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March 14, 1977

Use of Fluoroscopy in the Removal of Aspirated Foreign Bodies

JAMA. 1977;237(11):1077. doi:10.1001/jama.1977.03270380021004

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To the Editor.—  The recovery of aspirated foreign bodies remains a challenge to the endoscopist and often taxes his greatest skills. Within a one-week period, two young patients were seen with the identical problem of a straight pin aspirated into the depths of the left lower lobe.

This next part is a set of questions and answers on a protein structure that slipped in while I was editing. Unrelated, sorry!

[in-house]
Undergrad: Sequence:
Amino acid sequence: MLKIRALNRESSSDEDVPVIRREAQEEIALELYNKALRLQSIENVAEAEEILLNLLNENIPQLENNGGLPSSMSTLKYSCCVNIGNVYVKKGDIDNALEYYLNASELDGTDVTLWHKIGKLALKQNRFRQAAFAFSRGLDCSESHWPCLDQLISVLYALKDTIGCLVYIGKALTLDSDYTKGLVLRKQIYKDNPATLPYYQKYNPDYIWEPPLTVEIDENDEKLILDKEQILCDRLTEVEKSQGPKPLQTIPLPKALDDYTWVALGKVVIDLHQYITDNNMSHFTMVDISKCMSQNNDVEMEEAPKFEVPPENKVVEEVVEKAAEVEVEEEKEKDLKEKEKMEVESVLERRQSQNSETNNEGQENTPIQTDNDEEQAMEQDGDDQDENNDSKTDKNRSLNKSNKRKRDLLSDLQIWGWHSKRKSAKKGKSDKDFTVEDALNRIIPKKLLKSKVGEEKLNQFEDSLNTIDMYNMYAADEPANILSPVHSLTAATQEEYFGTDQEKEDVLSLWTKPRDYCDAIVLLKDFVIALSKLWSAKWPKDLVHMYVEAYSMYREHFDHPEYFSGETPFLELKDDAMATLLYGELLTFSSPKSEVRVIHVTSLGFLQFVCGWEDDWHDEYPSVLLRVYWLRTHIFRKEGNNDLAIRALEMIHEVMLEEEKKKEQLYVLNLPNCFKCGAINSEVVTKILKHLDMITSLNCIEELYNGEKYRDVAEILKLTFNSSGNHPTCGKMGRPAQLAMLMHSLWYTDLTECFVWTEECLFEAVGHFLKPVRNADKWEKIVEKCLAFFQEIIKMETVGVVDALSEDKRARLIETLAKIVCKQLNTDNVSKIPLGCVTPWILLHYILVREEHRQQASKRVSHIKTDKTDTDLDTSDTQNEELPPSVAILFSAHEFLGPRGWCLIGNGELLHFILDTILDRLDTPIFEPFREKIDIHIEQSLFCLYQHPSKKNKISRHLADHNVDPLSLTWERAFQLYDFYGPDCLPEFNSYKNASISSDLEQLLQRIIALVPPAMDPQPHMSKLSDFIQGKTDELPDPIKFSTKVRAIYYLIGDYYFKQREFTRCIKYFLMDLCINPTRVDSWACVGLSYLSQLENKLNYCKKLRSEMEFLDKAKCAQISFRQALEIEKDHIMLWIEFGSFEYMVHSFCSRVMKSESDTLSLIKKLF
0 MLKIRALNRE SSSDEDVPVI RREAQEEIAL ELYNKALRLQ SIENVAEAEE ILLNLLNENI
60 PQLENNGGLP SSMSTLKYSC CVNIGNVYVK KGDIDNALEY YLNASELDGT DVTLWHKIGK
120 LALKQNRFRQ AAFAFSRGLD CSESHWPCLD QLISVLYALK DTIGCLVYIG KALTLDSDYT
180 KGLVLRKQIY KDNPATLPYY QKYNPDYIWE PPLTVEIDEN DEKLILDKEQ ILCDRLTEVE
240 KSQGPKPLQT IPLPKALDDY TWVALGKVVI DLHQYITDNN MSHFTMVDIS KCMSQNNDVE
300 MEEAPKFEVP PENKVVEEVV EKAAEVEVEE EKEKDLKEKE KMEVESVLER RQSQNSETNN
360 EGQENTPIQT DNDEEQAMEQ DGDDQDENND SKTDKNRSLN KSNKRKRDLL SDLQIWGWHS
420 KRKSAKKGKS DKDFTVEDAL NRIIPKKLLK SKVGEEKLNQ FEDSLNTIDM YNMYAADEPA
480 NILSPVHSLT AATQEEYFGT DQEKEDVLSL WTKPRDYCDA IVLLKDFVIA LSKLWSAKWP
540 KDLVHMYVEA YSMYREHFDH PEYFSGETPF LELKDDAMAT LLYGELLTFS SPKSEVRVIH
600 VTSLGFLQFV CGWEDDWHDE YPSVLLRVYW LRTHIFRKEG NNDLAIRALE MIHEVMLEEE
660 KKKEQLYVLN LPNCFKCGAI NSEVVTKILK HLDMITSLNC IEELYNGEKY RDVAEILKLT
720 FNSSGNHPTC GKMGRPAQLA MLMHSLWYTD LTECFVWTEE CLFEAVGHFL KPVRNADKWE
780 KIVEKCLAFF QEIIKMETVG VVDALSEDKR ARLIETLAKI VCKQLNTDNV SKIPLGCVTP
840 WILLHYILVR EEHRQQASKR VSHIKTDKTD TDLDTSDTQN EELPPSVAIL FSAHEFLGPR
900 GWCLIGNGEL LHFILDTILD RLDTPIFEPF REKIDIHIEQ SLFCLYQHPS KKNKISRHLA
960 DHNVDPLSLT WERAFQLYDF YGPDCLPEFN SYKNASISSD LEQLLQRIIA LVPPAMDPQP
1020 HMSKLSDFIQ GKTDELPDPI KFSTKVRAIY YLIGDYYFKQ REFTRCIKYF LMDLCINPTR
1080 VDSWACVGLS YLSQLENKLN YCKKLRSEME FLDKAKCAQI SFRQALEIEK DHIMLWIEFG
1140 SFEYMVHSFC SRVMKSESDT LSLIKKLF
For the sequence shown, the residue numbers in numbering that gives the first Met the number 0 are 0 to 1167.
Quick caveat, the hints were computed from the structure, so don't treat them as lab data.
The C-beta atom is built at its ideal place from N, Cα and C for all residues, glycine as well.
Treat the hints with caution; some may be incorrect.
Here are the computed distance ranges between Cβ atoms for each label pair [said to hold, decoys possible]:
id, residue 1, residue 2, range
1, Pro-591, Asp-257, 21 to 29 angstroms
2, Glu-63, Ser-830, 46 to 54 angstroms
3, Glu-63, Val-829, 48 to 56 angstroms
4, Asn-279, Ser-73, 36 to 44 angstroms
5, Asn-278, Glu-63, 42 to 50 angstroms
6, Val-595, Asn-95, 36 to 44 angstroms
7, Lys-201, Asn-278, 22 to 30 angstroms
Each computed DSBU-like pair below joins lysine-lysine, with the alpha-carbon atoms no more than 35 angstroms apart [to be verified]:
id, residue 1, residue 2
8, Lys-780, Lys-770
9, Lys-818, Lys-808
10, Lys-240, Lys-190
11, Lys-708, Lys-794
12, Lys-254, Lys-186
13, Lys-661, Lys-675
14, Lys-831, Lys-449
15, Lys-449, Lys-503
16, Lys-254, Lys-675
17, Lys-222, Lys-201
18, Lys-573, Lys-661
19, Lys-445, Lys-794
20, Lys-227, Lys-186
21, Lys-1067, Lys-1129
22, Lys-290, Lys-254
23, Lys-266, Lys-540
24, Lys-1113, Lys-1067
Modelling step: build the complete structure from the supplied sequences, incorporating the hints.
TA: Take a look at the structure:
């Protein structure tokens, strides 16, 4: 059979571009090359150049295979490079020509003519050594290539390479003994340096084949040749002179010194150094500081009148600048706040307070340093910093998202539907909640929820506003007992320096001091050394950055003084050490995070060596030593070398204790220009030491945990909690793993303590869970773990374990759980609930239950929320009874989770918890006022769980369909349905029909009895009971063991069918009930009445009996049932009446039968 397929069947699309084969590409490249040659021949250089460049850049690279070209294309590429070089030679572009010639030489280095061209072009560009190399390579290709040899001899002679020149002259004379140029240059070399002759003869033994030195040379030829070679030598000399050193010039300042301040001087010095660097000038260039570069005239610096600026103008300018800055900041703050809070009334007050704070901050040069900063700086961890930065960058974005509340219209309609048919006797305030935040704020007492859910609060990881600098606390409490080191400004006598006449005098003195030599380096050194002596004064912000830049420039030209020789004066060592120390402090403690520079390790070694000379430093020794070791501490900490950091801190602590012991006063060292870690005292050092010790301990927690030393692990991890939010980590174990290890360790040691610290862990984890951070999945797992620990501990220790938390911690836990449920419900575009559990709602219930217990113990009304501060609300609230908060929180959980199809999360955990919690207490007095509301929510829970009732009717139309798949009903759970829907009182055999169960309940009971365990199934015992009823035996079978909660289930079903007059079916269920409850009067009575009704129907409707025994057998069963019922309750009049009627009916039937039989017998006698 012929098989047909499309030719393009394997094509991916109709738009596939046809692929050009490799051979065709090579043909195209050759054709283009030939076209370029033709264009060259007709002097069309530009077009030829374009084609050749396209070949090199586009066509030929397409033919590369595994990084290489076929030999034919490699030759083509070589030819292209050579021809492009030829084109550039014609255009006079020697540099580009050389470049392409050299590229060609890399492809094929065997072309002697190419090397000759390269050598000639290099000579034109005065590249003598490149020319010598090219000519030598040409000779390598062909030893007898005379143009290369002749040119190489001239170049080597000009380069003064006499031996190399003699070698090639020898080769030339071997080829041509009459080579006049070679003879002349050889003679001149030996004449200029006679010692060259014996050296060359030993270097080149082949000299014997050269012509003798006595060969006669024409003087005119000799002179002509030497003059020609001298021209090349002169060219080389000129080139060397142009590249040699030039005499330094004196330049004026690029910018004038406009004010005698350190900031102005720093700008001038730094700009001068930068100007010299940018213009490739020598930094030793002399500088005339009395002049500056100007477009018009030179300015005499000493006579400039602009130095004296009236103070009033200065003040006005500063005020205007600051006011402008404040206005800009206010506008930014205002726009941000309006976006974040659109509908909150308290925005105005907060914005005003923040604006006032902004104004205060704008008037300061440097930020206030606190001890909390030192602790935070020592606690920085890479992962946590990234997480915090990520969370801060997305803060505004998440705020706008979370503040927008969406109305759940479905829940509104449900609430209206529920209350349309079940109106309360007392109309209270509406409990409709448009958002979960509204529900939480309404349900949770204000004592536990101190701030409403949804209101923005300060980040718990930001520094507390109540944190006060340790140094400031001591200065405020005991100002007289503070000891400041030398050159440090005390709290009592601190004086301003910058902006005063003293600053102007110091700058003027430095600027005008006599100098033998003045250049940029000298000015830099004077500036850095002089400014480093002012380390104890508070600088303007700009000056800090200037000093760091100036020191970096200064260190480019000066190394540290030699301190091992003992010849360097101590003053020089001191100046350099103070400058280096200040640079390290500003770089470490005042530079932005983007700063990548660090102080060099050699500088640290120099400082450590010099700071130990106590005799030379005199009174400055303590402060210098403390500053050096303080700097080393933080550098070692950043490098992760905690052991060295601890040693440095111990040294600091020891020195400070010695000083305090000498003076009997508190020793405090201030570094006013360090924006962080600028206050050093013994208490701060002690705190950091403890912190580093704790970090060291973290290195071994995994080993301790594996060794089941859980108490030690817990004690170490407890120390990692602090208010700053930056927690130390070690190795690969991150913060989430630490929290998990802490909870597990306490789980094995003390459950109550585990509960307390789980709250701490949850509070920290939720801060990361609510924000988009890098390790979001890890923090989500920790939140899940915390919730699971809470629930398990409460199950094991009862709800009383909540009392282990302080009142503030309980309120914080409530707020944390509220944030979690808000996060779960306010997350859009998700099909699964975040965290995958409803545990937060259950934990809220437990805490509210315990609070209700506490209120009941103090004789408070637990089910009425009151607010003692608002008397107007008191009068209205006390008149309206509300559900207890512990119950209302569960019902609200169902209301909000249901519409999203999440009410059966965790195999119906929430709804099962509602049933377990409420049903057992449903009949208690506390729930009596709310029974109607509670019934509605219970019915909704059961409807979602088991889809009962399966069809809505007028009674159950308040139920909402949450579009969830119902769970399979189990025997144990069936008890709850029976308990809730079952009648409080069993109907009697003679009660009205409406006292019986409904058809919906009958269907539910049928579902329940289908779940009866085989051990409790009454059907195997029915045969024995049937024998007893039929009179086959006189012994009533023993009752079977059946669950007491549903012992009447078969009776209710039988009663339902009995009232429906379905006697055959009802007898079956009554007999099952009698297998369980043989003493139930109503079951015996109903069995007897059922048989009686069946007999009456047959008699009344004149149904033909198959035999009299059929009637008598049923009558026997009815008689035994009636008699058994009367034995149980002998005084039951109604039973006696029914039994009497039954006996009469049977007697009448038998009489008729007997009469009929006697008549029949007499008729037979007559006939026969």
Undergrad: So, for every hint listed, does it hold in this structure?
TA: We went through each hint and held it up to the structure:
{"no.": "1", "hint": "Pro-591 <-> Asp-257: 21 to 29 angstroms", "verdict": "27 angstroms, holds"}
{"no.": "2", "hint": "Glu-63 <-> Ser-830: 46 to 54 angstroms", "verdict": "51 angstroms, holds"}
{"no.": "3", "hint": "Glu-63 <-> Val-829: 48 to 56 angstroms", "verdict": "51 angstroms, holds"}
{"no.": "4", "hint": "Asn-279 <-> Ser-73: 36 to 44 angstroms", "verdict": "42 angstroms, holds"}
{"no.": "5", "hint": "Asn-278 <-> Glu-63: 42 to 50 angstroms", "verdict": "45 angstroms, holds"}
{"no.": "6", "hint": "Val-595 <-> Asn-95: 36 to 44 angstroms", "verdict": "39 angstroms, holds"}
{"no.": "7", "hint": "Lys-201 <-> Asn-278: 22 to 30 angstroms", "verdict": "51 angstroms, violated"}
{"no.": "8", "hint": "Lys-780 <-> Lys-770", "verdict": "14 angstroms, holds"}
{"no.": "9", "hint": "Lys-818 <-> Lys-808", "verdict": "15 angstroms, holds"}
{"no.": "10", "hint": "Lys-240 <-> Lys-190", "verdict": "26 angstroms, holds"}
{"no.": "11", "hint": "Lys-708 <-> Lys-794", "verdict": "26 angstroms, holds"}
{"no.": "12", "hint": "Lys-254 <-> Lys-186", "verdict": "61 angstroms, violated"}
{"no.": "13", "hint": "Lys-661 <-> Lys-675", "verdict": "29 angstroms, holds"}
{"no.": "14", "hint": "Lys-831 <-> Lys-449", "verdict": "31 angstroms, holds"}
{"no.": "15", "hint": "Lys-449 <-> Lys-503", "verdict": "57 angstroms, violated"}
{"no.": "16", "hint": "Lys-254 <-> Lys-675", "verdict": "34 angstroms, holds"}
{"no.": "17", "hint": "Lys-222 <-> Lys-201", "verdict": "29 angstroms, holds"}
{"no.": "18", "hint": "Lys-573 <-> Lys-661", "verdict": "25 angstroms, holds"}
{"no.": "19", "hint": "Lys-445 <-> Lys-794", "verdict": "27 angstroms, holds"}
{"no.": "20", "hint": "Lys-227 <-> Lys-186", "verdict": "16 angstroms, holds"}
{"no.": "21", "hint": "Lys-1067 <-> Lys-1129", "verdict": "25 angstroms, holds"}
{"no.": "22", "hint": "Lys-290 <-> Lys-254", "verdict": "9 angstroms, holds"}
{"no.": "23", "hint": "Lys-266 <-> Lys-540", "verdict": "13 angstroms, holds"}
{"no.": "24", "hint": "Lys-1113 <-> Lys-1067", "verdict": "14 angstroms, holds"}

Report of Cases.—Case 1.—  The first patient, an 11-month-old child, arrived in the emergency room with a history of acute onset of cough that began during play with her mother's sewing kit. Results of physical examination were normal. A chest roentgenogram showed a straight pin in the left lower lobe (Fig 1).Under general anesthesia, attempts were made to remove the pin with use of a 5-mm Jackson bronchoscope and foreign body forceps. Although the top of the pin could be intermittently visualized, it could not be engaged by the forceps. As a final maneuver prior to thoracotomy, a portable fluoroscope